From the June 13 edition of CNN's New Day:
CHRIS CUOMO (HOST): Let me ask you this. The veep stakes,you going to help me out here this morning? I can't believe that Donald Trump is ever uncertain about what he wants in any situation. So is this a deal where he knows who he wants and you guys are pushing back against him to want somebody else? Or, got mixed minds here?
SAM CLOVIS: I think there may be some, you know -- everybody has their favorites in the veep stakes. I think -- and everybody gets the opportunity to make an input. And once your input is made, you leave it to the boss to decide. And I think that we're all eagerly anticipating his decision, and I'm excited. I think whoever it comes out to be is going to add to the campaign, is going to add to our ticket. And I think this is a fascinating experience. I also think that, you know, think about what we're talking about right now. Every outlet, every cable outlet, every news outlet in America is talking about this very issue today. So we're gaining earned media from this.
CUOMO: I know. You're playing me, Sam. You're playing me on this.
CLOVIS: Well, I'll tell you what, Chris, you know, you got to take a lick. We're a spartan outfit and we run a spartan campaign. So we got to get it where we can.
CUOMO: All right. Well, it's working. I hate it, but it's working. I hate that you're stringing me out, but it's working for you. Let me ask you something about something that's decidedly more serious. The situation that's going on in Dallas, two beats on that. The first one is Trump says I'm squarely behind the police. You would hope that everybody is squarely behind the police. And you would hope that everybody is squarely behind the police, but that's not the question. The question is, how do you balance the interest of humanity here between securing the respect for your police and also securing the rights of the people that they do police. Why would he pick a side in this?
CLOVIS: I don't think he's necessarily picking a side. I think what he's looking at is offering up support for the people in blue around this country. I think that this is very much an important part of this. I don't think there's any question -- I know Mr. Trump. There's no question in his mind that he thinks about these issues that took place in Baton Rouge and St. Paul as absolutely tragic and uncalled for and unnecessary violence and confrontation, but I think that he has been a strong supporter of the law enforcement people in this country for a long time. I want to add one thing, Chris. And I think it's very important here. This whole issue, I've heard some talk today on your show and other shows this morning that I think it's very important, and this is where we have to start. One, these are local issues. These have to be dealt with at the local community level, and if we spent more time building community, I think we would have a much better and much more secure operation in that aspect. The other part of it is there has to be some form of standardization across our policing in this country. And I'm normally not one ever to go that far, but I think because of my own experiences working in homeland security and working with law enforcement across this country for the past 15 years, this is one of those things that I think is very important and we probably ought to address it.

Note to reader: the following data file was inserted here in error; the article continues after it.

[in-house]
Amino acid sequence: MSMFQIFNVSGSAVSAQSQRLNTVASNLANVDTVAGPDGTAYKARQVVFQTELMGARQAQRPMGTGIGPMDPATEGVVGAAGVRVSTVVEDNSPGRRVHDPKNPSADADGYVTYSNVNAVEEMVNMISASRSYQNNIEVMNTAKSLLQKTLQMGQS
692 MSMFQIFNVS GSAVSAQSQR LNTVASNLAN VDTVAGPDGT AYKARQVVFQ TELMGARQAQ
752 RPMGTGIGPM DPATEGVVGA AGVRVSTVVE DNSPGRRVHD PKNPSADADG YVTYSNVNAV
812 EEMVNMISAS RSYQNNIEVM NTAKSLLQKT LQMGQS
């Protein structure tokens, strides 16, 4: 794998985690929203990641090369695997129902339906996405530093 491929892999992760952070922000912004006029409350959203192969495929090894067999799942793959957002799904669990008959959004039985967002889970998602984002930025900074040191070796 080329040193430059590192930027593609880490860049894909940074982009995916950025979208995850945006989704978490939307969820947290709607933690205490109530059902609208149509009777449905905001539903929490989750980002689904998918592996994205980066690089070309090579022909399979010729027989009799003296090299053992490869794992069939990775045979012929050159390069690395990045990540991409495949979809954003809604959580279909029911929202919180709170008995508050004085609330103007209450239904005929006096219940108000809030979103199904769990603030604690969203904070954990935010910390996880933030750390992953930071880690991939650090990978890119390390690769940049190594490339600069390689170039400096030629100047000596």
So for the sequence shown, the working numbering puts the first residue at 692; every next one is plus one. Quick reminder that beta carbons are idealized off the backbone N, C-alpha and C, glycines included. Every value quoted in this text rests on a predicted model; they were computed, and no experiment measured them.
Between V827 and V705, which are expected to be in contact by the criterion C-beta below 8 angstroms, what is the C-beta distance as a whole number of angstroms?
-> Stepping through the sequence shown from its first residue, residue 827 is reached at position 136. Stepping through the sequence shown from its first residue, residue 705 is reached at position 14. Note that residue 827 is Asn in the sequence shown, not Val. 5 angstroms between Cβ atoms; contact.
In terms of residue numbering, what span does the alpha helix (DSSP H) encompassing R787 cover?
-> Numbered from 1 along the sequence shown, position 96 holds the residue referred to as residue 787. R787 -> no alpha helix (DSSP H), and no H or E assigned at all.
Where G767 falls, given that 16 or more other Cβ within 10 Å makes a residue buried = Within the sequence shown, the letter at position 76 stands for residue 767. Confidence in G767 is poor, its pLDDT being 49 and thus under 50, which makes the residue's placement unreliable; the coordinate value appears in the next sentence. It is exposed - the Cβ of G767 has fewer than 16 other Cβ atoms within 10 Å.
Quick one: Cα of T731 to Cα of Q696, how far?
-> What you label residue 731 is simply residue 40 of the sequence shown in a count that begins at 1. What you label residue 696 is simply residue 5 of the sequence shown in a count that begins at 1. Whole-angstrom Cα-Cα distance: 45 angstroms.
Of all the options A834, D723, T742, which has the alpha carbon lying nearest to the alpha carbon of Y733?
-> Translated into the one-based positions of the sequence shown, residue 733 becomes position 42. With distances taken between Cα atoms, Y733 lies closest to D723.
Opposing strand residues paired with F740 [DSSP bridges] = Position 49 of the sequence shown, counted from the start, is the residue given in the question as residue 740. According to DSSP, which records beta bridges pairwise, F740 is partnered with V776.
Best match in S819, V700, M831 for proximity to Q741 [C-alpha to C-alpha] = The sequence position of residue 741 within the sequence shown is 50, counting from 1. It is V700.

CUOMO: Well, look, there's no question about it. But the local is often affected by the national. This is certainly something we see that spreads across the country in a way that it's more than just a local issue. But I take your point to where change starts. But it's also about the tone he sets as the leader, all right. That's why I ask you about taking a side. I also want to ask you about his claim that he has heard of people calling for moments of silence for the murderer. Where is he getting that, Sam? We are trying to find any proof of that anywhere, and if there is no proof, what we worry about is that it is once again him calling on an image that is a very dangerous image for his own, I guess, perceived sense of momentum in a situation. Kind of like the 9/11 celebrations that he believes he saw, you know. Now he says he hears people calling for a moment of silence for a murderer. Have you heard that, Sam?
CLOVIS: Well, I have seen it reported that we have seen some very interesting moments in dealing with this tragedy --
CUOMO: Calling for a moment of silence?
CLOVIS: Well, it depends on the context, I guess, Chris and frankly, I've had my nose buried in other issues. I'm not dodging your question --
CUOMO: Sam, you're dodging it. You're doing it artfully, but you're dodging it. Context, my eye. Either you've seen that they were calling for a moment of silence or you haven't.
CLOVIS: I personally have not. I've seen moments where I've seen in some of these demonstrations, I've seen there's a reverence paid to the shooter that is really startling. I think that is -- when you have a person who purposefully and with intent murders five police officers, that's terrible, and I don't think you should celebrate that in any way, shape or form.
CUOMO: No question about it.
CLOVIS: And we have unfortunately seen that type of thing take place. I think that's very much a tragic issue.
CUOMO: I know. We both know what matters here. In the worst of situations, people often are at their worst, but we demand from our leaders they be at their best.